Equating skin color to power, success and beauty has been a continuous issue for many cultures. However, while most other cultures have been able to move with the times and find other traits to value, some Asian countries, especially in the Southeast , still have challenges accepting the new norms that come with complexion. To many people in Asian cultures, lighter skin is symbolic of a better life including wealth, higher social statuses and more media attention.
‘Deformation not transformation’
The danger of cosmetics
As a child who was born and raised in a tropical U. At 7 years old, I started using papaya soap — a famous Filipino skin-lightening product that is vastly advertised in the Philippines, which I visited frequently. And while it never did work, I also often scrubbed my body with calamansi, a tiny limelike fruit in the Philippines, because rumor has it that it makes the skin lighter. I tried almost every skin-lightening product out there. Nothing worked. As a child, I had mixed feelings every time I visited the Philippines. I hated being brown or dark-skinned, especially when everyone around me had a lighter complexion than mine. When most people think of Asians or Asian-Americans, the looks that come to mind are those with a lighter complexion, often from East Asian countries such as Japan, Korea and China. Other countries and cultures often have similar misguided views as well. Brown and dark-skinned Asians have been left out and constantly overlooked by the media and society for many decades.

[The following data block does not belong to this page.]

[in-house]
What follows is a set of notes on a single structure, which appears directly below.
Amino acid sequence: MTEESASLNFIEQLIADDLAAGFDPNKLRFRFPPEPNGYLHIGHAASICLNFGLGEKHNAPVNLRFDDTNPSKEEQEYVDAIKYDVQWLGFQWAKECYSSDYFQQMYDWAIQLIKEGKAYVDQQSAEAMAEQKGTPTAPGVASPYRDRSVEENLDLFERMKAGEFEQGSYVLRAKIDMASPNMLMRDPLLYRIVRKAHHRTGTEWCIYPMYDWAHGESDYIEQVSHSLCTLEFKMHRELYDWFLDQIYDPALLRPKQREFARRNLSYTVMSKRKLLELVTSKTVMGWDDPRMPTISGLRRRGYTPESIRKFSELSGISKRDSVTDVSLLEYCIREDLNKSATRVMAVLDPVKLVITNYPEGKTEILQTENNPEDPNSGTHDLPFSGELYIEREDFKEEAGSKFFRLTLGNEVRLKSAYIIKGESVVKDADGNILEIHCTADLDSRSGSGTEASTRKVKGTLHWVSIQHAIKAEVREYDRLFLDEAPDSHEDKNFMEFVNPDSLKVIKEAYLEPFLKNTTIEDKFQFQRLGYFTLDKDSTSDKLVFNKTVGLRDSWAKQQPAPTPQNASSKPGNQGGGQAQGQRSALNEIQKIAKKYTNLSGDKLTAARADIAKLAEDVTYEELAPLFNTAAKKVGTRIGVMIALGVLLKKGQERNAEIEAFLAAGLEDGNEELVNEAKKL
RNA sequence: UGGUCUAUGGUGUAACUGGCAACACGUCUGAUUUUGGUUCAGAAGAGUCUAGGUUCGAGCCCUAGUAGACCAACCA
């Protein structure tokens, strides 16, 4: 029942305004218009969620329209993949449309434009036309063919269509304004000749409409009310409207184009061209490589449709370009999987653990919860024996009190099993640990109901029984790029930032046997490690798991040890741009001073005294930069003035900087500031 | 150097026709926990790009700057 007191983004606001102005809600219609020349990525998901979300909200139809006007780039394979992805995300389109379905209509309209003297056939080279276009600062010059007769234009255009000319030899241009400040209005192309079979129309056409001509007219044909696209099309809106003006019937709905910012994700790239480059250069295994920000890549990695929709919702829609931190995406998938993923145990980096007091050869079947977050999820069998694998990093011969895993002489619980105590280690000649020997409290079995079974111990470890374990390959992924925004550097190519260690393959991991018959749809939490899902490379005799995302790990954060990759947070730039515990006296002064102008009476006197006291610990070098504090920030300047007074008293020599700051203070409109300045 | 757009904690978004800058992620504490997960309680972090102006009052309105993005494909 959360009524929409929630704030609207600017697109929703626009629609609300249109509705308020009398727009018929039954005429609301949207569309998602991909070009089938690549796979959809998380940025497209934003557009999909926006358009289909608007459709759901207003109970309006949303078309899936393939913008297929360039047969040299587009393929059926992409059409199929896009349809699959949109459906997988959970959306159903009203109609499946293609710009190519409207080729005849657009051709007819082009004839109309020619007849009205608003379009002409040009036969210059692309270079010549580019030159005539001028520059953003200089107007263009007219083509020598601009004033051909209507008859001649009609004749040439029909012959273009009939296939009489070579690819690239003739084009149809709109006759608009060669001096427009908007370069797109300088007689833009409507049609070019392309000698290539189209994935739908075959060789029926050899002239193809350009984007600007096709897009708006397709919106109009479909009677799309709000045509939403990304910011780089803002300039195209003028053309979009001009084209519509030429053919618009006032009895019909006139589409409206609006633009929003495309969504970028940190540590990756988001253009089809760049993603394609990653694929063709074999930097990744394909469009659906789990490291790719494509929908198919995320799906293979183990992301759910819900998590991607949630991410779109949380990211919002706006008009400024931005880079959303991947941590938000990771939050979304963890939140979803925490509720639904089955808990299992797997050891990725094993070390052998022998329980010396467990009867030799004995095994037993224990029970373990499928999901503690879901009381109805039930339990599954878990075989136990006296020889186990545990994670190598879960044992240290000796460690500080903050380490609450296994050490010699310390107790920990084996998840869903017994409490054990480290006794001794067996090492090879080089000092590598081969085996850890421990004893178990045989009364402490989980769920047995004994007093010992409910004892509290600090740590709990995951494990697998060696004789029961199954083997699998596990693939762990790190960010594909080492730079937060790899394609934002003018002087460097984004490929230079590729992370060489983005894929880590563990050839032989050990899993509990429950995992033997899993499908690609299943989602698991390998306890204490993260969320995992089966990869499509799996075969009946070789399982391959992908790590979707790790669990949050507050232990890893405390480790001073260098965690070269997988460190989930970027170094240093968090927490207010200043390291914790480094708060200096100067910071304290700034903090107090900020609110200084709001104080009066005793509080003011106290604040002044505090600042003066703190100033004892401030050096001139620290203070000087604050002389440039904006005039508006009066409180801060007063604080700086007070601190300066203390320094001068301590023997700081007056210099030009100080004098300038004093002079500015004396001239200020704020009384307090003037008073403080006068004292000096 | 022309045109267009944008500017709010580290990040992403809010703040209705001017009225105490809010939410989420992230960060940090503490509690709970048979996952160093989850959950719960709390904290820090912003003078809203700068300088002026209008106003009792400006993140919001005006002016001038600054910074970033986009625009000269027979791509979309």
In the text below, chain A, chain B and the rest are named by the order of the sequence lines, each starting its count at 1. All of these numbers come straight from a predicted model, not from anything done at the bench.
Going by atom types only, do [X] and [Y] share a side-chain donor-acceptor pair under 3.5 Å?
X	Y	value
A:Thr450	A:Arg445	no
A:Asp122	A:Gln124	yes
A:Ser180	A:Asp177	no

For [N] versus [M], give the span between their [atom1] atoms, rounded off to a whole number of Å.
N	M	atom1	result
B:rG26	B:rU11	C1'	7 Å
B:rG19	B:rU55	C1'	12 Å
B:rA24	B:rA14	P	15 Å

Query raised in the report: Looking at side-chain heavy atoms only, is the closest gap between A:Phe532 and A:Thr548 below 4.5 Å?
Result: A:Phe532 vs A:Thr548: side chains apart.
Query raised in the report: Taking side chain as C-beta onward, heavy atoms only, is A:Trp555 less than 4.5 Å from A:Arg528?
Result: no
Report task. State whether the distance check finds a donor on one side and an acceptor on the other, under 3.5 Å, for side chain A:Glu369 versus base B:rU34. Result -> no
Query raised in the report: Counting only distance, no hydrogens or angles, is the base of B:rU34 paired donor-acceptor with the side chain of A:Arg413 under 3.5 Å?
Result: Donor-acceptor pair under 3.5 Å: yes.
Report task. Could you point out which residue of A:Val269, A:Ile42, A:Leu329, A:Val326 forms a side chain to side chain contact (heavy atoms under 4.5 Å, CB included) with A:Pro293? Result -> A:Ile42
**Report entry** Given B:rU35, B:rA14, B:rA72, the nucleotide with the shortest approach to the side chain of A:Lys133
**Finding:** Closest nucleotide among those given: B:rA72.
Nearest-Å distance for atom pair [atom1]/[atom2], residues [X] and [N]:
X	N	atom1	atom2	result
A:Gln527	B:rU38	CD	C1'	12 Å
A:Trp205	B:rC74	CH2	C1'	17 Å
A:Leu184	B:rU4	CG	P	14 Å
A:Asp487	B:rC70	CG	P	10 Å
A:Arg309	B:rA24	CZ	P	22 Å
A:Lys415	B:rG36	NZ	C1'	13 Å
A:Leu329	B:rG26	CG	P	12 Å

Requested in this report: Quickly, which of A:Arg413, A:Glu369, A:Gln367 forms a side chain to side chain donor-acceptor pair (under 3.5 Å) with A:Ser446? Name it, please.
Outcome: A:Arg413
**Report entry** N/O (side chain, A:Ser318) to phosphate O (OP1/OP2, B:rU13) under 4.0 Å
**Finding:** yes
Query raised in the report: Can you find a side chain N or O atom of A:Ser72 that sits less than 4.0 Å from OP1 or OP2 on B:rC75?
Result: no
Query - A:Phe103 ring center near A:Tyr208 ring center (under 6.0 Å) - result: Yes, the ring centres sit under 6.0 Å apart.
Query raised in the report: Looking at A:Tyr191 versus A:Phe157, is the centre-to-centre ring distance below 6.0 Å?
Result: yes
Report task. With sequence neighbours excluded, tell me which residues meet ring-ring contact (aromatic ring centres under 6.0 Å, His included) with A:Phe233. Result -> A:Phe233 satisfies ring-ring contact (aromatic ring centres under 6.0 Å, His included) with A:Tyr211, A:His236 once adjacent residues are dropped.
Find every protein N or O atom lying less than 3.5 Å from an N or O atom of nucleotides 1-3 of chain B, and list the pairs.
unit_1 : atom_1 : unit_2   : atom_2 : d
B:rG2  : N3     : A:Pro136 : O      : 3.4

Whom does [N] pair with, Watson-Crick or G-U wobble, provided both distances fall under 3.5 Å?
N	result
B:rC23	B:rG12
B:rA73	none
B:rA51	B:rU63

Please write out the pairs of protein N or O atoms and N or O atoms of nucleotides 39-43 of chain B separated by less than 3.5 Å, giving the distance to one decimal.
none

My caramel skin — sometimes mocha in the summer — is generally considered dark for a Filipino. The only thing I understood from all this was that I was different. In an effort to make myself feel comfortable with my otherness, around the age of 12 I started to deviate from my own culture and avoided the other three or four Asians in my school. Meanwhile, I became exposed to more white kids—surfers, skaters and volleyball players who made puberty look so easy and not awkward at all—and just admired them from afar until I could find some common ground with them. Forget about hanging out with the Asians. They all flocked together at lockers and lunch tables.
I recall a recent instance where my friend noticed and asked me why my foundation shade was lighter than my natural skin tone. I wasn't sure how to answer. I knew that this friend, a non-Asian male who was completely unfamiliar with the cultural and beauty standards that Asian-American women subconsciously feel compelled to live up to, meant no harm when asking this question, but it incidentally provoked a lot thought and feelings from me nonetheless. There was no simple way to explain.